With national apartment demand 75% lower through July of this year than in the same portion of last year, and lower even than in 2020, many have been puzzled by the persistence of unusually high rent growth. A major factor in that equation has been average occupancy. Even with lackluster net absorption, average occupancy closed July higher than in any July of the last five years thanks to last year’s historic demand.
Household consolidation and the loss of residents to home ownership can pressure multifamily occupancy, but the other major influence is new supply.
Recent New Supply and Net Absorption
A little more than 180,000 new units have been delivered nationwide this year through July. Although that volume of new supply was roughly equal to the average from 2018 through 2020, new supply so far this year has been about 35,000 units less than at the same point in 2021. Taking all of 2021 and the first seven months of 2022 together, national net absorption has outpaced new supply by approximately 200,000 units.
New supply has been lower than last year but within a normal range, but apartment demand has not been. As already mentioned, a 75% shortfall in net absorbed units compared to last year was a stark decline. Arguably more eye-catching was the fact that net absorption was higher in COVID ravaged 2020 through July than it has been this year. The net effect of slightly reduced new supply and substantially reduced demand was an average occupancy decline of 0.7% through July of this year to almost 94%.
The decline in average occupancy this year was larger than the decline through July of 2020, but a 2.4% annual gain in 2021 means that plenty of cushion remains. Average occupancy closed July a full 100 basis points higher than in July of 2019 – the last pre-COVID period of comparison.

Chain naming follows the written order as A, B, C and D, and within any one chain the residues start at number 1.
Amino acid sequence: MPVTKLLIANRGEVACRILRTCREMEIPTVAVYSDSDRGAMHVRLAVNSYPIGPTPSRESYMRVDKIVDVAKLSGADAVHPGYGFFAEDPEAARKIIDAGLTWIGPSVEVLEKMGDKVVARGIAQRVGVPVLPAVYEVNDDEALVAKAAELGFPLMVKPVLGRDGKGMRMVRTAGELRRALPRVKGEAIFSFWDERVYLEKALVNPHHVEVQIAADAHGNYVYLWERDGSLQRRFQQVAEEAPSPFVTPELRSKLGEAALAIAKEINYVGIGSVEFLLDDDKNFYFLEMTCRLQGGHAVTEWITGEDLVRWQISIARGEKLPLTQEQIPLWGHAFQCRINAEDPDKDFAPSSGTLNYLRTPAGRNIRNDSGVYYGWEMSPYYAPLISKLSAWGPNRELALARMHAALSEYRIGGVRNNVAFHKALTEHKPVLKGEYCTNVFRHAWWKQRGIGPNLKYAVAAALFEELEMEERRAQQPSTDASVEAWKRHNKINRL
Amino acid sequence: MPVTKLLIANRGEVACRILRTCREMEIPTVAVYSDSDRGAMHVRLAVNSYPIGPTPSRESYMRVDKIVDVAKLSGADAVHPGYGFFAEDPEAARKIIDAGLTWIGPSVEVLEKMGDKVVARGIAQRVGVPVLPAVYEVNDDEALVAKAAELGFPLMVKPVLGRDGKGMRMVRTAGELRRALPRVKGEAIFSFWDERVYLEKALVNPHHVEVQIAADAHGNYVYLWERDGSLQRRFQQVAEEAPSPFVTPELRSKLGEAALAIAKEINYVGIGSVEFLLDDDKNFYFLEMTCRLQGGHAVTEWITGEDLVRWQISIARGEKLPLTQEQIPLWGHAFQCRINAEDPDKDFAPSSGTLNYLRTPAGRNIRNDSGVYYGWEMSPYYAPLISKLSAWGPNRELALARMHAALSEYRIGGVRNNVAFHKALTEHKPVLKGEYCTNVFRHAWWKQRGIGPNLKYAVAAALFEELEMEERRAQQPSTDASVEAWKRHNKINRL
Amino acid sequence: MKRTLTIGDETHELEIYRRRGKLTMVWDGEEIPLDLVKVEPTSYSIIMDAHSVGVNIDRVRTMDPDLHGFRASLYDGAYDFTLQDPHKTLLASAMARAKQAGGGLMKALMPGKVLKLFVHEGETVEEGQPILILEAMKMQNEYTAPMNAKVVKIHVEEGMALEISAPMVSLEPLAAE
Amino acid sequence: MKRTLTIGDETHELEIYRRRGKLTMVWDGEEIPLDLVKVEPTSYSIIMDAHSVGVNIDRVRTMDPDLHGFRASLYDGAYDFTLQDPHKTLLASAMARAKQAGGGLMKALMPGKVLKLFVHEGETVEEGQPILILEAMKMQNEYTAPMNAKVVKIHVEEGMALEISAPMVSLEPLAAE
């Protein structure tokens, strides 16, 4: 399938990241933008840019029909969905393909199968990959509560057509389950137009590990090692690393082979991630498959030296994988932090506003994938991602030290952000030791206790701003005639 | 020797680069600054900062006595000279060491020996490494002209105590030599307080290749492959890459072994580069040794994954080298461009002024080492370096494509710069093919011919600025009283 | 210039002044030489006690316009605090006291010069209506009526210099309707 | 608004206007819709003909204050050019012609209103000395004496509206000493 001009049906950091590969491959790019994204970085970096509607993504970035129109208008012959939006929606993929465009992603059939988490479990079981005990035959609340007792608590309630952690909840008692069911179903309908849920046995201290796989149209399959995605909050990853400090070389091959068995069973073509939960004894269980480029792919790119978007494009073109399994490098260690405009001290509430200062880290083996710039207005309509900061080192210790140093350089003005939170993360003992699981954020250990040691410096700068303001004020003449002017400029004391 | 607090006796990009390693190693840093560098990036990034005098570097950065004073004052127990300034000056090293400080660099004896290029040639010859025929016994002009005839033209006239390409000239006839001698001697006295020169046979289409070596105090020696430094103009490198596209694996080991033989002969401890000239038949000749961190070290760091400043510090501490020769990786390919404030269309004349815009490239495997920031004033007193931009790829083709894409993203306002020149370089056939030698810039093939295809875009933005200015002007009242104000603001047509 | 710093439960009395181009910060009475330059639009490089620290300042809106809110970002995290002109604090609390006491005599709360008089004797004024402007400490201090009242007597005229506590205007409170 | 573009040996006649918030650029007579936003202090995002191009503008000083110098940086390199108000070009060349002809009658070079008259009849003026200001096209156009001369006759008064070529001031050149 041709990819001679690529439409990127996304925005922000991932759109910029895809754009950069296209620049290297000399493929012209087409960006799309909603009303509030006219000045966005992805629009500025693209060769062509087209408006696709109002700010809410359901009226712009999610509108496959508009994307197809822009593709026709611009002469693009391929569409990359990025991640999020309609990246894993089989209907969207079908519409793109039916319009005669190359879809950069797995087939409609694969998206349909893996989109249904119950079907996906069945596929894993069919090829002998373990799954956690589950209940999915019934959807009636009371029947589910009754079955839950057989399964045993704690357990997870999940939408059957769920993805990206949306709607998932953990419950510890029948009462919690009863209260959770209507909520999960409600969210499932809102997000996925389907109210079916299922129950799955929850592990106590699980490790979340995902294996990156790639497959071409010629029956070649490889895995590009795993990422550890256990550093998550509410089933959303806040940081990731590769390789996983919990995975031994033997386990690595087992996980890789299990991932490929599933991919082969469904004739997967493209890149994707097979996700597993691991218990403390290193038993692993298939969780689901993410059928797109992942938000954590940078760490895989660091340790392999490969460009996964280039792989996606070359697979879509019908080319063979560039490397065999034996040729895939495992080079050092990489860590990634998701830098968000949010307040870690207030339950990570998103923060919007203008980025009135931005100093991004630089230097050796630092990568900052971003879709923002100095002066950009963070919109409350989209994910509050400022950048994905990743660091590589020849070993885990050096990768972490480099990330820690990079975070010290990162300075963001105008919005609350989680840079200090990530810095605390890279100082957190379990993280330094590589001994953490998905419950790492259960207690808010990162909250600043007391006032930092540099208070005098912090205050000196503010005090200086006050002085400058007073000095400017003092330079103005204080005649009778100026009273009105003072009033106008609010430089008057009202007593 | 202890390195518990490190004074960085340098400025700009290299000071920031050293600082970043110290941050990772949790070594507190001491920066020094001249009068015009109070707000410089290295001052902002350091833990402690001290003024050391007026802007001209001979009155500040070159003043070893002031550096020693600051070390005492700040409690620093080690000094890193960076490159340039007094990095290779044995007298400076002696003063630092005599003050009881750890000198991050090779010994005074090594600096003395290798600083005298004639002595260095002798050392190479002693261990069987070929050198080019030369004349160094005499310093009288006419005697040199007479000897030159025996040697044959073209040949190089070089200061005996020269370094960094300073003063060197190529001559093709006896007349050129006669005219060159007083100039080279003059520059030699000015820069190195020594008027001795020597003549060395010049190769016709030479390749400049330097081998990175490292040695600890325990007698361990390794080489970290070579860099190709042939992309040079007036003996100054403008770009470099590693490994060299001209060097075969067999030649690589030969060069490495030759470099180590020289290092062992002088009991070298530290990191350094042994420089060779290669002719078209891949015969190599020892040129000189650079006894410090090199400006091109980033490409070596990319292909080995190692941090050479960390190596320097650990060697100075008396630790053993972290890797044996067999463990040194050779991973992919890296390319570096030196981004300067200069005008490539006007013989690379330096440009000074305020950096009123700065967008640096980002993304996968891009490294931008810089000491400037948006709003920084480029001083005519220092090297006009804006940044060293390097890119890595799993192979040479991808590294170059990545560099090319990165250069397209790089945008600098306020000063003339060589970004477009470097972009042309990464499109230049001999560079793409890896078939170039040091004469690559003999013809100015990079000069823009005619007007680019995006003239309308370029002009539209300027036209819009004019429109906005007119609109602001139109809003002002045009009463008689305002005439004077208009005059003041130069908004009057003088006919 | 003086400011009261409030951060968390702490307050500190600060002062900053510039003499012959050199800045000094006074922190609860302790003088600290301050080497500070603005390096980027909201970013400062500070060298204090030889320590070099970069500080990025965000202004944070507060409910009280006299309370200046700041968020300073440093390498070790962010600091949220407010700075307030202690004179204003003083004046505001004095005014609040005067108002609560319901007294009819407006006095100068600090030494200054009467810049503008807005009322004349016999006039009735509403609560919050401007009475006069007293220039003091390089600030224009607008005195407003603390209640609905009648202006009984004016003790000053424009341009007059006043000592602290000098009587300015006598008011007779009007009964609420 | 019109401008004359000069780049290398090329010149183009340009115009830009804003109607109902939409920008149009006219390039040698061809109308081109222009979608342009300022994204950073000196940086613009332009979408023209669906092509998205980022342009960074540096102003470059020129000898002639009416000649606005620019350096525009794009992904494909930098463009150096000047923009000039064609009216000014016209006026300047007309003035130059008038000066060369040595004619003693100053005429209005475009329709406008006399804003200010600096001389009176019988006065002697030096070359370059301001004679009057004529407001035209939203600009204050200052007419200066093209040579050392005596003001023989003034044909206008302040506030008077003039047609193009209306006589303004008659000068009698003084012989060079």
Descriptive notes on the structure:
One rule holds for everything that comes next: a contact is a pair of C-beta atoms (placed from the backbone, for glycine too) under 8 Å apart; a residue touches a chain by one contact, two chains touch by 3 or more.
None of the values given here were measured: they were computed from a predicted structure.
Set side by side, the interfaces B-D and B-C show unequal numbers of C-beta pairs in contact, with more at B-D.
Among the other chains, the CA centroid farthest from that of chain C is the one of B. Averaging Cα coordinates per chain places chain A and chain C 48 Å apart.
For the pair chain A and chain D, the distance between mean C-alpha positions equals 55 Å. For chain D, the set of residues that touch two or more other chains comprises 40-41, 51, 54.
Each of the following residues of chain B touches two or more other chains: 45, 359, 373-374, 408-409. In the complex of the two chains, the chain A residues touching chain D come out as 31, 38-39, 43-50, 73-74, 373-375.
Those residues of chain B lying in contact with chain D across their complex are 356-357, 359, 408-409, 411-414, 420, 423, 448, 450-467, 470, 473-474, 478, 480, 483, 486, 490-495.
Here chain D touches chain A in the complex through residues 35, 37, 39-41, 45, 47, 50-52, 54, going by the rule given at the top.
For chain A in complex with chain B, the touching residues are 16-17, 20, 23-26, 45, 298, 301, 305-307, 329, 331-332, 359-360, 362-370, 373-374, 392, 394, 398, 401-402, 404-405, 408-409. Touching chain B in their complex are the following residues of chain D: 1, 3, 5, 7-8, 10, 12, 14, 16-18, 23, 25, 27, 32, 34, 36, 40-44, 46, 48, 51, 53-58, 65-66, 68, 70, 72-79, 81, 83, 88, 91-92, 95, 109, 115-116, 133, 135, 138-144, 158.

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Upcoming New Supply
Construction times continue to grow, the cost of capital is rising, and both labor and supply chain issues remain. Despite these headwinds to new supply, ALN expects in the neighborhood of 315,000 new units to be delivered this year in total based on estimated completion dates for tracked projects. This would be less than last year but more than in any year from 2018 through 2020.
On the demand side, about 200,000 net absorbed units for 2022 appears to be a reasonable estimate at this point. Were those estimates to hold, net absorbed units would account for about 64% of new units – by far the lowest share of the last five years. Even so, the projected shortfall of demand relative to new supply, equal to about 115,000 units, would only push average occupancy down slightly to around 93% to end the year. As a result, year-end national average occupancy would be higher than in 2018, 2019, or 2020 despite the worst annual net absorption in years.
Though rent growth has moderated slightly in recent months, the growth remains well above normal. This growth, even in the face of slumping demand, is bringing a lot of negative attention to the industry from the public and from lawmakers.
The issue at its core is a supply/demand imbalance created in 2021 which has resulted in average occupancy remaining unusually high even without robust demand. Average occupancy will likely need to degrade further for the wind to really come out of the rent growth sails. New supply is expected to be within the typical range established over the last five years, but those new units are unlikely to be enough to push national occupancy back to a pre-pandemic level by the end of the year.
However, looking further ahead to 2023 and beyond, it is clear that the industry will not be able to coast on the benefits of 2021 into perpetuity.
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